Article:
Skip to Content

March 2022

Building Handover – The Old War Office

Download PDF Version

Summary

Built in 1906 on the site of the Palace of Westminster the Grade II listed Old War Office (“OWO”) Building witnessed a wide range of events whilst political and military leaders including Winston Churchill, David Lloyd George, and Lord Kitchener held office.

The building was part of the PFI project to renovate, modernise and then operate the Ministry of Defence Main Building. When the PFI Project Company handed back the OWO to the Ministry of Defence (the Authority), there was a significant amount of activity that had to be undertaken.

Achieving the effective handover of the building from the PFI parties to public sector control required the deployment of skilled resource focussed on this activity by all the project stakeholders.

Vercity’s Involvement

Vercity was (and remains) the provider of management services to the PFI Project Company and was a key part of the handover process, from commencement in 2013 until the actual handover in 2016.

Over that period key workstreams were identified to ensure that the building could be effectively handed back to Authority control.

These workstreams had to be delivered alongside the business as usual of continuing the PFI Project operations.

Achieving that meant dedicating resource to these activities and ensuring oversight from the right people in the right organisations.

Process Management

Documentation was produced detailing the programme of work involved together with the process on the actual physical handover of the asset and required supporting documentation. This covered the transfer from the Services Providers to PFI Project Company and in turn to the Authority.

A key element of the management process was establishing ‘Issues Clarification Control Logs’ to manage and record the contractual and practical issues raised as part of the process for ceasing services and delivering the handover, alongside the agreed outcomes.

Progress against programme was reviewed at a monthly Project Committee chaired by the Authority, supported by a weekly review meeting chaired by the PFI Project Company. Having regular meetings established provided a rhythm to the process and ensured oversight. These were supported by other workstreams with meetings as required.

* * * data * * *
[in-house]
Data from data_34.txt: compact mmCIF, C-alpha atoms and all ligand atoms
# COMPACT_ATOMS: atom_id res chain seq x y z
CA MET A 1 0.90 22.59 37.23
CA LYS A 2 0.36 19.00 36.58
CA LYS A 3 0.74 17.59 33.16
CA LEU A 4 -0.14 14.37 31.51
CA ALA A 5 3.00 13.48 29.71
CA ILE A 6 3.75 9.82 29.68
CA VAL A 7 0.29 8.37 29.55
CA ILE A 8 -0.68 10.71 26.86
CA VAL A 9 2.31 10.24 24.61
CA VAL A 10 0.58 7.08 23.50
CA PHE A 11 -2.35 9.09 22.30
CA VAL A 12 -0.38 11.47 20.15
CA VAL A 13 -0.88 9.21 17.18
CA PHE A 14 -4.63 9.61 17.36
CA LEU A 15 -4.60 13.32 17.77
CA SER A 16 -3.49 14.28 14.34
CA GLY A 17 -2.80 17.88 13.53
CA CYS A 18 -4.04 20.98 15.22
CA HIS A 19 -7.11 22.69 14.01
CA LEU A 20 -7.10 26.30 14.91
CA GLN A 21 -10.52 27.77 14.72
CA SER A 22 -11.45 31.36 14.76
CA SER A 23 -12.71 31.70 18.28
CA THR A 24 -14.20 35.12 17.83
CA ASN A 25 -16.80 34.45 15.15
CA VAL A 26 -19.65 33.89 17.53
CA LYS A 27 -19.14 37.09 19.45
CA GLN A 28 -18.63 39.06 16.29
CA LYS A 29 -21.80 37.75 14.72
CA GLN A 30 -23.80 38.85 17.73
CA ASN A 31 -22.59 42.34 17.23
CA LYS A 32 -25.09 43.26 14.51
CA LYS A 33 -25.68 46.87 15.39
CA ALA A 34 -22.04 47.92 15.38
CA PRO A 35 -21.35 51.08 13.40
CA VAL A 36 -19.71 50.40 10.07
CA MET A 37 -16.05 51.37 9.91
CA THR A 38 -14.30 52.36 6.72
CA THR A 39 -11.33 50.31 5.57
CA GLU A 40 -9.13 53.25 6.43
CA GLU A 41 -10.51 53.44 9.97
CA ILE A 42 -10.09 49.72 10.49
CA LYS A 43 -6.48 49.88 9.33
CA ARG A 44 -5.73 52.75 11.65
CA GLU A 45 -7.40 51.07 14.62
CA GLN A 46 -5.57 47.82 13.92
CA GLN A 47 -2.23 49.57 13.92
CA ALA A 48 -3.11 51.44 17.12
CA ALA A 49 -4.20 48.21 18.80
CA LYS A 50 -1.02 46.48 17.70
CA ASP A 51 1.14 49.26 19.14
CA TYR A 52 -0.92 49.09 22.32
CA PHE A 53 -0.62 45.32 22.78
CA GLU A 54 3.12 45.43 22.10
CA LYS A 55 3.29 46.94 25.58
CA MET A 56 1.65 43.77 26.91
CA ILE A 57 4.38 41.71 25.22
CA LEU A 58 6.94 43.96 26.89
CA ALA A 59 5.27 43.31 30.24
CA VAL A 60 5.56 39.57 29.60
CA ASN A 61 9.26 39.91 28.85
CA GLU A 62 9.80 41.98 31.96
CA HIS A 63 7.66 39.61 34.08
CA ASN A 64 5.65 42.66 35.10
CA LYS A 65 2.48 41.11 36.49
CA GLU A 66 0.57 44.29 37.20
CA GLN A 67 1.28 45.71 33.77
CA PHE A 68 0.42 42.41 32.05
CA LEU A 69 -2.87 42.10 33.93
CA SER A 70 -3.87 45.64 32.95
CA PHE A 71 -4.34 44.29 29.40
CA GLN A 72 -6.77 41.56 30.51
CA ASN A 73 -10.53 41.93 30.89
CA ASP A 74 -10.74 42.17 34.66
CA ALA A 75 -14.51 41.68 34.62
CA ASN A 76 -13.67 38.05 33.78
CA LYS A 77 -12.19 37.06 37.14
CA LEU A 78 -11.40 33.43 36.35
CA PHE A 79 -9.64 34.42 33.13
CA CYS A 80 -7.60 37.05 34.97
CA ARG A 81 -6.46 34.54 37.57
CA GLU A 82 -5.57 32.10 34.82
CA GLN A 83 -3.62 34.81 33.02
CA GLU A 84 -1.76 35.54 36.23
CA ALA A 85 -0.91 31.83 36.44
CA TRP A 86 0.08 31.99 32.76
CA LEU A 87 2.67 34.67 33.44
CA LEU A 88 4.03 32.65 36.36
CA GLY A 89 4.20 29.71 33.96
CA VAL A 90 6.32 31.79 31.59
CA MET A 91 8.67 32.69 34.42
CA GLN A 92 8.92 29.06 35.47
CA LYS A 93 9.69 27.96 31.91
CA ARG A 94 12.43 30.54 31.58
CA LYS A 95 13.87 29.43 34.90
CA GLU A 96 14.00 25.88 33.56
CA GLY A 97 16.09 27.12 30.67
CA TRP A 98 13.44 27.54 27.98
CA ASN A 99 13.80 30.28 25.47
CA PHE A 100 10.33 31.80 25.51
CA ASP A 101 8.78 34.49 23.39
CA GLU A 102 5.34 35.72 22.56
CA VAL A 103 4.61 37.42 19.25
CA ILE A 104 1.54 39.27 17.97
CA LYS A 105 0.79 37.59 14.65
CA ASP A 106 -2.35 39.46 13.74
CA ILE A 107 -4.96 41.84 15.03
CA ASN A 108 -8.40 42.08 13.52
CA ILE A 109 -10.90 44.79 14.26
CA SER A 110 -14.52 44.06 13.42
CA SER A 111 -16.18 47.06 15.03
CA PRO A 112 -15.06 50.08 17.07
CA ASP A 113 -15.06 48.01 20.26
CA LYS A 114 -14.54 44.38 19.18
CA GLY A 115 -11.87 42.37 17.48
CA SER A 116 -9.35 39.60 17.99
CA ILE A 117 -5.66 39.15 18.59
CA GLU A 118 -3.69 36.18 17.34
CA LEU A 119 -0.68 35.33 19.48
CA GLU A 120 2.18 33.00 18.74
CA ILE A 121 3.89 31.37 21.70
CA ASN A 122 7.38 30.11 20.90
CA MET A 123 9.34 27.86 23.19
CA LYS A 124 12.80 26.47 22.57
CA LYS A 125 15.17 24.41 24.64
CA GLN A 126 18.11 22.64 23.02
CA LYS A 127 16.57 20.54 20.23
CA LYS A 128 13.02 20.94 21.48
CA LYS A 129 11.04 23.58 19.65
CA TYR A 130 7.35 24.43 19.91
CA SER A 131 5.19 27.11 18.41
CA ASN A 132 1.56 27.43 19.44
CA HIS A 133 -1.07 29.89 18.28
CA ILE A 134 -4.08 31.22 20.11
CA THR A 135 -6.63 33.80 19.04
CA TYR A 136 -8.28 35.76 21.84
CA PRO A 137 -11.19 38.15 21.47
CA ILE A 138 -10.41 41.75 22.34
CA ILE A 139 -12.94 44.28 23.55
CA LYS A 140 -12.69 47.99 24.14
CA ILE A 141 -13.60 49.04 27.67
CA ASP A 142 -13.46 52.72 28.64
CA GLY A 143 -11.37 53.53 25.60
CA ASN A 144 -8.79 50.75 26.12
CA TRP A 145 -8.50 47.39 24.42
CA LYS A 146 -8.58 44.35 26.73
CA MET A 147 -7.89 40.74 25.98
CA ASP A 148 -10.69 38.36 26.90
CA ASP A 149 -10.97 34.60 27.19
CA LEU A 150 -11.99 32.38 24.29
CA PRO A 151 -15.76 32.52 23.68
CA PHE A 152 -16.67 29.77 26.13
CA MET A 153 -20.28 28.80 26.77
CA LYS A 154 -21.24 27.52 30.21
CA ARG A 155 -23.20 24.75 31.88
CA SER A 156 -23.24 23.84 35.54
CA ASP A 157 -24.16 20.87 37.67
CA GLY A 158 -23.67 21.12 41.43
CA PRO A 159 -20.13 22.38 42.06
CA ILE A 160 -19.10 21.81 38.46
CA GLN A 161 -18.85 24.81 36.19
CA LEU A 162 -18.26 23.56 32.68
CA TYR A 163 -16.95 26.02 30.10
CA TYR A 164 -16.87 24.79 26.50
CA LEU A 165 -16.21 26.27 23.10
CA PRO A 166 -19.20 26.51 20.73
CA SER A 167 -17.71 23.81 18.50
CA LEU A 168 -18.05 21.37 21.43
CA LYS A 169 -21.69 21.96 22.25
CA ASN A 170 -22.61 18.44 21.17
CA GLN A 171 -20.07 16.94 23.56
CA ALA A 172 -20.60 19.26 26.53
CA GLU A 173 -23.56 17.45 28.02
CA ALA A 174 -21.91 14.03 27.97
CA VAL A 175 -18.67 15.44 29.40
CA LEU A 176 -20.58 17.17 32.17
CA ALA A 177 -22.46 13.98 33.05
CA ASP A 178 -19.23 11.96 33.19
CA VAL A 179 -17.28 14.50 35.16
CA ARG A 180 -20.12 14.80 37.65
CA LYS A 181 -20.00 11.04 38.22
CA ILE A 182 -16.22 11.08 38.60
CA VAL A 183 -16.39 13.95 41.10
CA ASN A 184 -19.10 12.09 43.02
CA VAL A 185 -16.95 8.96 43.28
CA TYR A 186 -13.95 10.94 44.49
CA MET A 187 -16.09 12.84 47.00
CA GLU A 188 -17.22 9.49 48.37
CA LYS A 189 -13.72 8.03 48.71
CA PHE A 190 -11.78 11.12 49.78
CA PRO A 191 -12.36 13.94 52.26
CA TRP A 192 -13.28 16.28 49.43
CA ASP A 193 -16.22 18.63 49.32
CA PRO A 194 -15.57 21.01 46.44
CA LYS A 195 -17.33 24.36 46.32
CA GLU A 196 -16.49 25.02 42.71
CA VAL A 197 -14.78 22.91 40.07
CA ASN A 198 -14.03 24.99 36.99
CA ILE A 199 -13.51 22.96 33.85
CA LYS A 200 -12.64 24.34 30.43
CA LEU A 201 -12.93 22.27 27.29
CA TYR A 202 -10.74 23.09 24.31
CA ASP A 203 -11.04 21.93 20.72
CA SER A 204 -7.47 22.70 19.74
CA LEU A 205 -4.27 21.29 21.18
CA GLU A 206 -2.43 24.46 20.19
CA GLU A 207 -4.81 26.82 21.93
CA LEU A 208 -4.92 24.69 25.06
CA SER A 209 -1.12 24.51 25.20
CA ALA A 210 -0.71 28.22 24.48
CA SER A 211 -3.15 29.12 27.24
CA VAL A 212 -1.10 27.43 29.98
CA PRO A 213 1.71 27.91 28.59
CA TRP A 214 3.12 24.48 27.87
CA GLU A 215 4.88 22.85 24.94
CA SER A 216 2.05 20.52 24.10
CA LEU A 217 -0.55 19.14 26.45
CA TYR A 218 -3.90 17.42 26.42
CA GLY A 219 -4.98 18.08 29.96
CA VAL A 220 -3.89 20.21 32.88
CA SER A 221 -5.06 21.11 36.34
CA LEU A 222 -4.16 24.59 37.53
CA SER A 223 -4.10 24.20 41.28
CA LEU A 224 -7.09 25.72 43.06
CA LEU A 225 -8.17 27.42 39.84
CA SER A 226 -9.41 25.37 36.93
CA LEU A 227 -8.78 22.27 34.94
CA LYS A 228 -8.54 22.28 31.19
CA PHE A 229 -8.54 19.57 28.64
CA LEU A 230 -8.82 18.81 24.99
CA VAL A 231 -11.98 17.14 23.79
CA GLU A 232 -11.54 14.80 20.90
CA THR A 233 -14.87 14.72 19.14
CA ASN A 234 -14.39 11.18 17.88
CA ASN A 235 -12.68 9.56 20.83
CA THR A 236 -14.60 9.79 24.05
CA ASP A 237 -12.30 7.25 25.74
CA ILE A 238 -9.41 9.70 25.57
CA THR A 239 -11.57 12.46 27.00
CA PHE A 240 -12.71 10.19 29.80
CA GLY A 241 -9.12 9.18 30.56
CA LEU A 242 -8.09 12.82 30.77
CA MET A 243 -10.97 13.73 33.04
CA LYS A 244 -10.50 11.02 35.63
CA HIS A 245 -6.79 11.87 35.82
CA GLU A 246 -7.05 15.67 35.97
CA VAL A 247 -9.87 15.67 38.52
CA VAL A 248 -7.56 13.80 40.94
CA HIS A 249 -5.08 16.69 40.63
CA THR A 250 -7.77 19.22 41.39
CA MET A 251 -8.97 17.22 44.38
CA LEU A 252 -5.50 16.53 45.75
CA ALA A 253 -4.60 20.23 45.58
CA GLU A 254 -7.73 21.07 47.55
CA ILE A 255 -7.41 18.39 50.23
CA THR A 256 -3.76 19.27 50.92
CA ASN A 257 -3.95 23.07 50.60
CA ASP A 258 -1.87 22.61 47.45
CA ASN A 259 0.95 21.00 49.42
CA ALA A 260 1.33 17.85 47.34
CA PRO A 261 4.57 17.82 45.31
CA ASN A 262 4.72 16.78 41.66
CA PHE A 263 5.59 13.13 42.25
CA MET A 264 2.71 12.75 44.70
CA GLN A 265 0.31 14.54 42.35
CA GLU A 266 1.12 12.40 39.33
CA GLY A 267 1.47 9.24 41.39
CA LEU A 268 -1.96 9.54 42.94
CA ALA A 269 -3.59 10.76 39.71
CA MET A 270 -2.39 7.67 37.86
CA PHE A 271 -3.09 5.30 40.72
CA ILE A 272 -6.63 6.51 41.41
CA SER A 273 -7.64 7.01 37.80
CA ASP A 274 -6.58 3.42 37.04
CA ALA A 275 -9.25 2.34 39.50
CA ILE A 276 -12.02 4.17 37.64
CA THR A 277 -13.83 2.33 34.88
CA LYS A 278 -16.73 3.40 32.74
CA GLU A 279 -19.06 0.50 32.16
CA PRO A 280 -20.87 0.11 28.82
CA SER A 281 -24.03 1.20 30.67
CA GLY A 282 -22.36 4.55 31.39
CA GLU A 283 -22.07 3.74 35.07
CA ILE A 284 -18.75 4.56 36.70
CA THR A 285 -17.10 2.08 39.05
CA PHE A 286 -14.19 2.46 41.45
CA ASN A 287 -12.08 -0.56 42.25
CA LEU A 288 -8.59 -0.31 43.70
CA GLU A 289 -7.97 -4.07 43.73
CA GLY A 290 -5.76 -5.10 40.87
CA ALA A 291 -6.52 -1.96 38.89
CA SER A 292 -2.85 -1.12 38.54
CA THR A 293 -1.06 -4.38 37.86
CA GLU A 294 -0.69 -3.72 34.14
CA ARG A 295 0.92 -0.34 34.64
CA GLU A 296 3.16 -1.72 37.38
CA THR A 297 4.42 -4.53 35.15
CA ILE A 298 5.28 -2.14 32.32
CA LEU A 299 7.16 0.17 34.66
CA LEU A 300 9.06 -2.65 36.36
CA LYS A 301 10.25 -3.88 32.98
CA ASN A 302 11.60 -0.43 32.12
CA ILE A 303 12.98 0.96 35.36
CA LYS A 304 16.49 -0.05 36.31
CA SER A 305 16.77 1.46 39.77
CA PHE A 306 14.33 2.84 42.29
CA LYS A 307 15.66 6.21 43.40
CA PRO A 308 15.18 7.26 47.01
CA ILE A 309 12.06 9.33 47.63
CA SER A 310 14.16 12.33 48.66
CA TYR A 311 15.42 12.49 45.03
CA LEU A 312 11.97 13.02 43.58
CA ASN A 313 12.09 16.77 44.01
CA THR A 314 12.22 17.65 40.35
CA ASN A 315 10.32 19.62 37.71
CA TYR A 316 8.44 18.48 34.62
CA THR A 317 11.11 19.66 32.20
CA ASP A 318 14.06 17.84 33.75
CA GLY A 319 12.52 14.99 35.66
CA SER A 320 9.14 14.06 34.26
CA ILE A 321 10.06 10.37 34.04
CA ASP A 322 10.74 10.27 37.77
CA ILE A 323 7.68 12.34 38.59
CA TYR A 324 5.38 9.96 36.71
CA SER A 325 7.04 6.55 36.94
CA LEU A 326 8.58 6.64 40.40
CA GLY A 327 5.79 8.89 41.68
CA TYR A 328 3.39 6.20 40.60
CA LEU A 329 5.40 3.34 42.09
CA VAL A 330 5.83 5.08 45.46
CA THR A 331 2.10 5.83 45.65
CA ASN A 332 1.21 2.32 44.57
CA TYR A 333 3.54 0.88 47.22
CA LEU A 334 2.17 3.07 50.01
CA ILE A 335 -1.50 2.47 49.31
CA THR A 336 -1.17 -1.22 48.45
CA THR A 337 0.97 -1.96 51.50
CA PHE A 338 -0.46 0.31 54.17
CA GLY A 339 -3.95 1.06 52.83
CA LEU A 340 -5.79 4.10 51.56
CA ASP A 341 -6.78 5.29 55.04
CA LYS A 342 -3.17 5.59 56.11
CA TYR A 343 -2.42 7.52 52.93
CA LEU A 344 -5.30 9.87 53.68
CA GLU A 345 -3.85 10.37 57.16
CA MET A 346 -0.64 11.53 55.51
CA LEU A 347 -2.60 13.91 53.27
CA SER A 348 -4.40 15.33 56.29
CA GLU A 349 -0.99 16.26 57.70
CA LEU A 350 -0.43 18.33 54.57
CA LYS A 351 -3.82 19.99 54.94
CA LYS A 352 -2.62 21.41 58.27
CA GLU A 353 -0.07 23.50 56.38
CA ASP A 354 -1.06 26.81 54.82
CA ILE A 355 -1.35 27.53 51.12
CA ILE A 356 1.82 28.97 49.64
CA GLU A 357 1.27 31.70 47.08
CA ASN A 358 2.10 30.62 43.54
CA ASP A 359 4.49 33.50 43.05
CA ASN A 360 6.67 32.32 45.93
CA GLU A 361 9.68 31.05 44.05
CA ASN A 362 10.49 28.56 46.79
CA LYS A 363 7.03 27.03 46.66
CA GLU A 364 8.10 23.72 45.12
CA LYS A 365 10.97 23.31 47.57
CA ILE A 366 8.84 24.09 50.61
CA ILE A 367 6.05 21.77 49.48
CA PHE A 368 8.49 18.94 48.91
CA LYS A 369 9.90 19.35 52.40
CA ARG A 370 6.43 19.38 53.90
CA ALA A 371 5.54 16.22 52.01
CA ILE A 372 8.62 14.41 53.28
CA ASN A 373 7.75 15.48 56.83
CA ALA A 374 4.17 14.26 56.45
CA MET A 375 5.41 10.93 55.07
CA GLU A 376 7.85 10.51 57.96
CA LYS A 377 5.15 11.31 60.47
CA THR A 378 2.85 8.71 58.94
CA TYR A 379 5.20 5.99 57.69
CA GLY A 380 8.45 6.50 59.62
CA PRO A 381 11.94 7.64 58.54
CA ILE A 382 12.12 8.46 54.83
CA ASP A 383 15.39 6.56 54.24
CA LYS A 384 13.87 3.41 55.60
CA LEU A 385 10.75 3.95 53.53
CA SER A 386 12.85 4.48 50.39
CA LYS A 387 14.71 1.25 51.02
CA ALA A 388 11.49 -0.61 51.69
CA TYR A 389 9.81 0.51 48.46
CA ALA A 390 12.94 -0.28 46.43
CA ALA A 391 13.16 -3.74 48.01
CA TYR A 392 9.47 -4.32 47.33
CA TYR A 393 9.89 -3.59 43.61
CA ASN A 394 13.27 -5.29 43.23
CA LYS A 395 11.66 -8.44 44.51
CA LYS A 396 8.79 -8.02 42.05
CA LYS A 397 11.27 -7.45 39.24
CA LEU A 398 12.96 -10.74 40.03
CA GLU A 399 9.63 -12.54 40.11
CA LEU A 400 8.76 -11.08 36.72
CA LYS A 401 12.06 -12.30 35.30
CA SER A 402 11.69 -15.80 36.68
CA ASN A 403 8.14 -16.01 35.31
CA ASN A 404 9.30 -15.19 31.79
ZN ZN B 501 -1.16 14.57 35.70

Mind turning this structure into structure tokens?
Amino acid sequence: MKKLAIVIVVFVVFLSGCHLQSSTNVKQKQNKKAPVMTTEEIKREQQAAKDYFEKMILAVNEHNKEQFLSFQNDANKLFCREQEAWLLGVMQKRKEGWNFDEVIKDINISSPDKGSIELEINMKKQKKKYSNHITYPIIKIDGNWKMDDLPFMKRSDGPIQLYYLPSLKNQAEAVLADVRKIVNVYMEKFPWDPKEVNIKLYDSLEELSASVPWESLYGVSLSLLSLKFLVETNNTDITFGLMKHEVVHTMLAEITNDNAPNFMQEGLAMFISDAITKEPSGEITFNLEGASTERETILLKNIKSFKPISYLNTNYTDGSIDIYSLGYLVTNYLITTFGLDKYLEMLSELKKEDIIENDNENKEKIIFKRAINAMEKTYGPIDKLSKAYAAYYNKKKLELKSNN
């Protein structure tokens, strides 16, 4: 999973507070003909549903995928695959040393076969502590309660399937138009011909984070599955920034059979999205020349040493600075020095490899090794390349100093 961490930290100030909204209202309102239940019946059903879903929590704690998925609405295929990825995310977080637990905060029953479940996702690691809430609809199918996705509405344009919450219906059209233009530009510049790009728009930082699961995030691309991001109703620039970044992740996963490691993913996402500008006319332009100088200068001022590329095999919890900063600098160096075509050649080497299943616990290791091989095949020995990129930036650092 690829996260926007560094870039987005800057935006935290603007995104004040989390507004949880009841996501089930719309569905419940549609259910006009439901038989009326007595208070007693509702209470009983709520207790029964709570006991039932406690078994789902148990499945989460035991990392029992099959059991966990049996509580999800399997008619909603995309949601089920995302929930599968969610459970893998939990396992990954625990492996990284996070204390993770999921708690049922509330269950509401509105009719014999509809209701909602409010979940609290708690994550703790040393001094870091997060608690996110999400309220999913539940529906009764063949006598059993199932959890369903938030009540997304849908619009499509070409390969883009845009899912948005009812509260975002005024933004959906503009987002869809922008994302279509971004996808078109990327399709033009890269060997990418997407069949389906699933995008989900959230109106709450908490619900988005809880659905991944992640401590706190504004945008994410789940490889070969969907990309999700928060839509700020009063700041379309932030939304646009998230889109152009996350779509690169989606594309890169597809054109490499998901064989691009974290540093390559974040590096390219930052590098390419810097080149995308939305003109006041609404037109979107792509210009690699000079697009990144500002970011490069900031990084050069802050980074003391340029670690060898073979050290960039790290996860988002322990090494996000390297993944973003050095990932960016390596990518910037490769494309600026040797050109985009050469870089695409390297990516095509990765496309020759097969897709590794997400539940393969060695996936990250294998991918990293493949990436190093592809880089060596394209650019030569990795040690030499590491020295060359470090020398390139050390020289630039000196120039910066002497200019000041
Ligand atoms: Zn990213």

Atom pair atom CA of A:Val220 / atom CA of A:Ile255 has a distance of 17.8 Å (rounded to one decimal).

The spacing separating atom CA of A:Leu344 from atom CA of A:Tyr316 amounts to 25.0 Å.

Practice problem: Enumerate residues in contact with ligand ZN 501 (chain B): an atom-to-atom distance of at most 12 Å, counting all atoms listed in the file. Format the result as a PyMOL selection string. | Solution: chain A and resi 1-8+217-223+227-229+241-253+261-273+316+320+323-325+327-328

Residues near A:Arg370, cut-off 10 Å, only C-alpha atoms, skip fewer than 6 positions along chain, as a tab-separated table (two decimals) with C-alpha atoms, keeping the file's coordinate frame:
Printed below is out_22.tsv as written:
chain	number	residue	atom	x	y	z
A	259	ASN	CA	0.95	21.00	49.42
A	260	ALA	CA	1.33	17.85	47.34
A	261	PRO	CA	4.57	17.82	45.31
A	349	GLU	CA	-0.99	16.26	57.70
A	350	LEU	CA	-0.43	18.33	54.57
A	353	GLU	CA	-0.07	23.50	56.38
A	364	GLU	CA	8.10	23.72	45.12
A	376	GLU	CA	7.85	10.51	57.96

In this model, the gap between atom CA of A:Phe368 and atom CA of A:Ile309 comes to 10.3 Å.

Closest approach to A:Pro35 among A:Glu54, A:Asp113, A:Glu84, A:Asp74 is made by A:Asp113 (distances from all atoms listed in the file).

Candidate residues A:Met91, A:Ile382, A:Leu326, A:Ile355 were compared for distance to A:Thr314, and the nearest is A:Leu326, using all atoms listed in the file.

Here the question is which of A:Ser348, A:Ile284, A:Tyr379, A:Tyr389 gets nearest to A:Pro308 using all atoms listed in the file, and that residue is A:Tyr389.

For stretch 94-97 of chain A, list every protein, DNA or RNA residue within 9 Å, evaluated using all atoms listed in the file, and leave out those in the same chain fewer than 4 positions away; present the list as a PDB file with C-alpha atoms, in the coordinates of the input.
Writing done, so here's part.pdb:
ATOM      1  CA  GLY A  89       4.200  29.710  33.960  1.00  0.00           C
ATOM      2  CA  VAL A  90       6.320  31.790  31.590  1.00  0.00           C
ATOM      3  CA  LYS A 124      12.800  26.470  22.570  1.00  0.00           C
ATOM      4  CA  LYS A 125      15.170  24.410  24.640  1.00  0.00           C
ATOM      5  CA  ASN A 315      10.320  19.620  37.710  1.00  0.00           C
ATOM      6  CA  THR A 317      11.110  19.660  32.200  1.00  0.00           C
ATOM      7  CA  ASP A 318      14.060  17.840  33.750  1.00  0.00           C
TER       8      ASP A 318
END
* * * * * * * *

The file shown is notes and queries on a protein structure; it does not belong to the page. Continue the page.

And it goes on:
Time and resource were dedicated to the process management by all parties, but this was a worthwhile investment to ensure a smooth transition.

Document Handover

Two weeks before the handover a joint inspection of the information/documents to be handed over was undertaken by the PFI parties. Following this a formal hand over from was achieved and evidenced by completing the required Handover forms for each of the contract document requirements. Attached to each Handover form was a schedule of all information/documents being handed over, both hard copy and digital.

To facilitate the handover of the building, documents were provided ahead of the completion date, mainly relating to statutory compliance responsibilities that would be taken on by the Authority after the transfer (such as the Asbestos Register). Providing these in advance allowed the Authority to develop their understanding of the responsibilities associated with the building.

Documenting gave all parties certainty and a clear audit trail of what had been provided, and certainty around the completion of the exercise.

Asset Handover

On the final day before handover there was a two-stage process. A joint visual inspection of the building and assets was followed by the formal hand over. This was documented with ‘Transfer of Assets’ forms and attached to each form was a schedule of all information/assets being handed over.

As this took place before the contractual handover date (midnight) keys remained in their existing locations with the PFI parties permitted continued access until that time.

Summary

Handing over a building with complex support needs from the PFI consortium to the management of the public sector was a substantial exercise that needed the deployment of cross-discipline teams by all parties. A key part of the successful transition was that those teams worked collaboratively to overcome the challenges they faced.

Key Learnings

Jon Brazier, Operations Director, Modus Services

The lessons to be learned from this experience feed into our work on Project Exit, led by Commercial Director Patrick Hamill.

More Articles


February 2022

Soft Services Handover – Merton Schools

Read more about Soft Services Handover – Merton Schools


January 2022

Soft Services Handover – St Barts and the Royal London

Image of St Barts Royal London Hospital in Whitechapel, London

Read more about Soft Services Handover – St Barts and the Royal London